Here is the point at which we encounter one of the strangest phenomena in Scripture. Sometimes the biblical writers speak of the person of Jesus under an epithet that applies to one nature but they focus upon properties that He possesses according to the other nature. Many examples of this phenomenon occur in the Bible. I choose three to illustrate it here.
The incarnation of Jesus Christ brings with it certain mysteries that defy complete description. When we speak of them we step to the brink of an abyss, and if we creep so much as a hair further we risk precipitating ourselves into heresy. When we speak of Christ, we know both that we must say some things and that we must not say others. Learning how much to say and when to stop speaking is part of orthodoxy.
We must say that Jesus Christ is a person. He is one and only one person. He is an eternal person. He is a divine person. He is the second person of the Godhead, one in essence with the Father from all ages, equal with Him in power and glory, yet distinct from Him in personhood.
We must further say that in the incarnation, Jesus Christ added to His eternal, divine person a complete human nature. From the moment of His conception, He was and is a genuine human being. He has never lacked anything essential to humanity. Within the one person, Christ’s deity has never substituted for any aspect of His humanity.
By virtue of His incarnation, Jesus Christ became the God-man. He possesses complete divine and human natures, but He is not a mixture of the two. If we confound or confuse His deity and His humanity, then we have stepped over the edge into heresy.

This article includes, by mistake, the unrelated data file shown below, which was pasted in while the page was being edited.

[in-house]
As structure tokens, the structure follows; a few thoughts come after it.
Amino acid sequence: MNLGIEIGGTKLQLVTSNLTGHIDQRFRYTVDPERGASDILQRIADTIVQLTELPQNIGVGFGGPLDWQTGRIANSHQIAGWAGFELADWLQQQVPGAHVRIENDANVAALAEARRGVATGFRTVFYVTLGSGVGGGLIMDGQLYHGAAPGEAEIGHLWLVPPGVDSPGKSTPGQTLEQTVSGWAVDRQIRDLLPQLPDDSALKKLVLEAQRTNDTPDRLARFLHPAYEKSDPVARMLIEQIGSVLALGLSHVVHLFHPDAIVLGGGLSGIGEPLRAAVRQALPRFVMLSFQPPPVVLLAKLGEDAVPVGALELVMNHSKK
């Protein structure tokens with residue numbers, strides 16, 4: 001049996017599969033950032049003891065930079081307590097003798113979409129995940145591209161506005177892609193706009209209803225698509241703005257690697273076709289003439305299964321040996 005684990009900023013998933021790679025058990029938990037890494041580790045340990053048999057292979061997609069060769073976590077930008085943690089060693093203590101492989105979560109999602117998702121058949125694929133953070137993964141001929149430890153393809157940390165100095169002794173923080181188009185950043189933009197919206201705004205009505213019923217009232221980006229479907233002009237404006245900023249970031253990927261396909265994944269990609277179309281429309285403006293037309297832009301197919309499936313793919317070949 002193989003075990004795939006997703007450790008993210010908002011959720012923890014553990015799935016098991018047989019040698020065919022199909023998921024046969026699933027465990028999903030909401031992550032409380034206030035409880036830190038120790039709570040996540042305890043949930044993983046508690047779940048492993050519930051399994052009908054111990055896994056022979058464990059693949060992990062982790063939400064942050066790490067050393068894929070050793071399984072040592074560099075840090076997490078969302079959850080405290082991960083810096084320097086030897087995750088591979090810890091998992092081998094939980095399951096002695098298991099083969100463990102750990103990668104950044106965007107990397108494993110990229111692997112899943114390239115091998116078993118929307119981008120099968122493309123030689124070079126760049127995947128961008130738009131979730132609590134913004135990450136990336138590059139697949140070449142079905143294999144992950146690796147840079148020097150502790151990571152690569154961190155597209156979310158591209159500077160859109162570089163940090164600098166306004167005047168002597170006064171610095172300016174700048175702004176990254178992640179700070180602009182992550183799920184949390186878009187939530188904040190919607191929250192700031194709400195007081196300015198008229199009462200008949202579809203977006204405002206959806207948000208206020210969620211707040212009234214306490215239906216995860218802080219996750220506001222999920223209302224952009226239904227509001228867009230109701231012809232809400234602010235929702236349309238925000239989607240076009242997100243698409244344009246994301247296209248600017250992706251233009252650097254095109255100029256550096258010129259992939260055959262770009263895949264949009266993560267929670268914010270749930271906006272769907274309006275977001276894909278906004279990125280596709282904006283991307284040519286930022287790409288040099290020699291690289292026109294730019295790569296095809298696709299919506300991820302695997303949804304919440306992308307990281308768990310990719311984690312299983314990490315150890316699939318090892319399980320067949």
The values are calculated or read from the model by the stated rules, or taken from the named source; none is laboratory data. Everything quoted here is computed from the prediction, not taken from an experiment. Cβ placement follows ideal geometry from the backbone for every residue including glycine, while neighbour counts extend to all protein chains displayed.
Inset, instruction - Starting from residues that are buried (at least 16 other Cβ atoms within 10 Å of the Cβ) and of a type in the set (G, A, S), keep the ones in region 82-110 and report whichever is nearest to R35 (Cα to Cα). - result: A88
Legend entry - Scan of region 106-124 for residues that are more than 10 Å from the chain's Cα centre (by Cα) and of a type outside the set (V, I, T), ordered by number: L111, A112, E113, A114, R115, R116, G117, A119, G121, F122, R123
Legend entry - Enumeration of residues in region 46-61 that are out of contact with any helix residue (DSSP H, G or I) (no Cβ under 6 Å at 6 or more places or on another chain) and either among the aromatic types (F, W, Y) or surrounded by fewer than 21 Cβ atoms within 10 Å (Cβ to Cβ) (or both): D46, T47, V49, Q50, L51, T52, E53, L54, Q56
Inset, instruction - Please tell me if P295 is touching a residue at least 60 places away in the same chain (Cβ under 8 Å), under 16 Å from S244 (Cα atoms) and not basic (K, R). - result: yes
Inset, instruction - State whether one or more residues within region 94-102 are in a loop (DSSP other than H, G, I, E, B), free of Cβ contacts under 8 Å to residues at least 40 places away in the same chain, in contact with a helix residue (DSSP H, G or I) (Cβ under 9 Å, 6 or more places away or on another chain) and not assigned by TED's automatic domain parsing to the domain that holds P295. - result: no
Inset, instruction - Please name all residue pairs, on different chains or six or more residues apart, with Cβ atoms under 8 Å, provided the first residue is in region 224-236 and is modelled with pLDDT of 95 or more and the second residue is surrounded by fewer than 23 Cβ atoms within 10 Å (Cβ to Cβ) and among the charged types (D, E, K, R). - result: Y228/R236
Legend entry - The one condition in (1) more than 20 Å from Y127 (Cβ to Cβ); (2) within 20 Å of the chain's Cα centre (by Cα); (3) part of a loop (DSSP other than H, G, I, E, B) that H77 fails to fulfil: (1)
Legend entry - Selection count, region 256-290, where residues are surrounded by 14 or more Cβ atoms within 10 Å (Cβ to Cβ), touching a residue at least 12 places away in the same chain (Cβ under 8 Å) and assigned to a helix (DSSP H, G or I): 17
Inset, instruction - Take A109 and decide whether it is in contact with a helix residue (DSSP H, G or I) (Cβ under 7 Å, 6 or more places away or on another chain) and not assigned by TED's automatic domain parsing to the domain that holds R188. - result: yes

At the same time, Jesus Christ remains one person. He is not a divine person and a human person. He is one, divine-human person. Just as we must not combine His divine and human natures, we must not divide His person.
During the years of His earthly ministry—His humiliation—Jesus acted as one person. He thought as one person. He spoke as one person. Nevertheless, certain of His thoughts, words, and deeds were possible only because of His deity, while others of His thoughts, words, and deeds were possible only because of His humanity.
Consequently, we must say that when Jesus did certain things, He did them according to either His divine or His human nature. The properties of each nature communicate to the person—though they do not communicate to the other nature. When we use these words, we do not mean that the nature acted. He—the person, Jesus Christ, acted. But He acted according to one nature or the other.
This language leads us into paradox, for what was true of the person of Jesus according to one nature was sometimes the opposite of what is true according to the other nature. In the manger of Bethlehem the person Jesus Christ was omnipotent according to His divine nature, but literally as weak as a baby according to His human nature—indeed, He was a baby according to His human nature. He was omniscient according to His divine nature, but as He matured He increased in knowledge according to His human nature. He was omnipresent according to His divine nature, but spatially limited and locally present according to His human nature. He was eternal according to His divine nature, but He endured hours, days, and years according to His human nature.